Parliamentary Privilege? Kinship in Canada’s Parliament

Parliamentary Privilege? Kinship in Canada’s Parliament

In the Canadian parliamentary context, there are numerous contemporary and historical examples of dynastic politicians, but there has been curiously little academic study of this phenomenon. Many questions pertaining to kinship in parliaments remain unanswered. What is the rate of kinship in the Canadian parliament? What has been the rate of change in political kinship over time and can this change be explained? What advantages may dynastic politicians possess and what constraints do they face? This article measures the prevalence of kinship within the lower house in Canada’s federal parliament and presents data on kinship since Canada’s first parliament. After looking at economic and electoral data, it argues that change to make the electoral system more open and socially inclusive offers an explanation for the observable drop in rates of kinship over time. Finally, the paper will conclude with suggested courses for future research.

Rates of Kinship since Canada’s First Parliament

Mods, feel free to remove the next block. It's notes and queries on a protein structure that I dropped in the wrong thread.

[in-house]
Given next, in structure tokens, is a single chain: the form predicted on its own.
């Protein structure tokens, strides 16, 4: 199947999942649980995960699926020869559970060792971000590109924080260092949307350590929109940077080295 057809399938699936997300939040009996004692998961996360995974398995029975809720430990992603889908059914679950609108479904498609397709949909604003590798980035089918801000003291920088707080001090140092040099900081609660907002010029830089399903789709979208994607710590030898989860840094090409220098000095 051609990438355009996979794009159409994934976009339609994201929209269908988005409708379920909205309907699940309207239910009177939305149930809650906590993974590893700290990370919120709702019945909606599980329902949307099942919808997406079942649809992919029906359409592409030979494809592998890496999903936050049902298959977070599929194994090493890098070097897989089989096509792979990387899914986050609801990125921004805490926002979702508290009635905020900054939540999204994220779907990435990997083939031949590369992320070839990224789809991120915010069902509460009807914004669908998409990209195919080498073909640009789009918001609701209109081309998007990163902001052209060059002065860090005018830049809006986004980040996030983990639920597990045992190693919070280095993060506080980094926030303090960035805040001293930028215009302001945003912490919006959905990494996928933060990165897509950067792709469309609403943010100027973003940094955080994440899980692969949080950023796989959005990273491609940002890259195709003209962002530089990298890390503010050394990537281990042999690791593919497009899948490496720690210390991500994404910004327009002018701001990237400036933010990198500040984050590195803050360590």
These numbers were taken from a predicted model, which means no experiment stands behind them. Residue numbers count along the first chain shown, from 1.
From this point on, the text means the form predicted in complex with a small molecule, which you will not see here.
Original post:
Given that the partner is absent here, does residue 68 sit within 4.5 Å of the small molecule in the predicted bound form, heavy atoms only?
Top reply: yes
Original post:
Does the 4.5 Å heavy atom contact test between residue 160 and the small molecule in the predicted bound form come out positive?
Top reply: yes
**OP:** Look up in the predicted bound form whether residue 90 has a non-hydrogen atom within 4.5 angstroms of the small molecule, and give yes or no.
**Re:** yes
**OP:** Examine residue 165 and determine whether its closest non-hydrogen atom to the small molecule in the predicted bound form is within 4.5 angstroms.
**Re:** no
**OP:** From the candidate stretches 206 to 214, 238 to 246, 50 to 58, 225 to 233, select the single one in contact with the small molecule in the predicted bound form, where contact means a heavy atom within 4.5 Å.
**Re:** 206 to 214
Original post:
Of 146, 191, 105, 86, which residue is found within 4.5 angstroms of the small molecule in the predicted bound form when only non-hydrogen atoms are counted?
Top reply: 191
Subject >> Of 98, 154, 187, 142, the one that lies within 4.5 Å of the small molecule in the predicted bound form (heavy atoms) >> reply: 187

Awaiting the Watershed: Women in Canada’s Parliament

Awaiting the Watershed: Women in Canada’s Parliament

The Canadian House of Commons in 2009 included sixty-nine female Members of Parliament, (roughly 22% of the seats). Canada is ranked next to Mauritania in 48th place for the number of women in its national assembly in a Inter-Parliamentary Union study. Some countries have proven that states can raise the number of female legislators virtually overnight. This process of rapidly increasing female representation in only one election has been described as a “watershed”. This paper will discuss the possibility of implementing viable policies to create a gender watershed in Canada. It discusses the philosophical and ethical questions related to women’s representation, explores various determinants of women’s election to office as put forward in the literature, and finally argues that if certain conditions hold a gender watershed is possible in Canada.

A watershed will almost certainly come in the form of a gender quota, which still raises ethical issues in Canada. For this reason, it is necessary to explore the issue of women’s representation more broadly going back to the writings of one of the most influential thinkers about parliamentary government.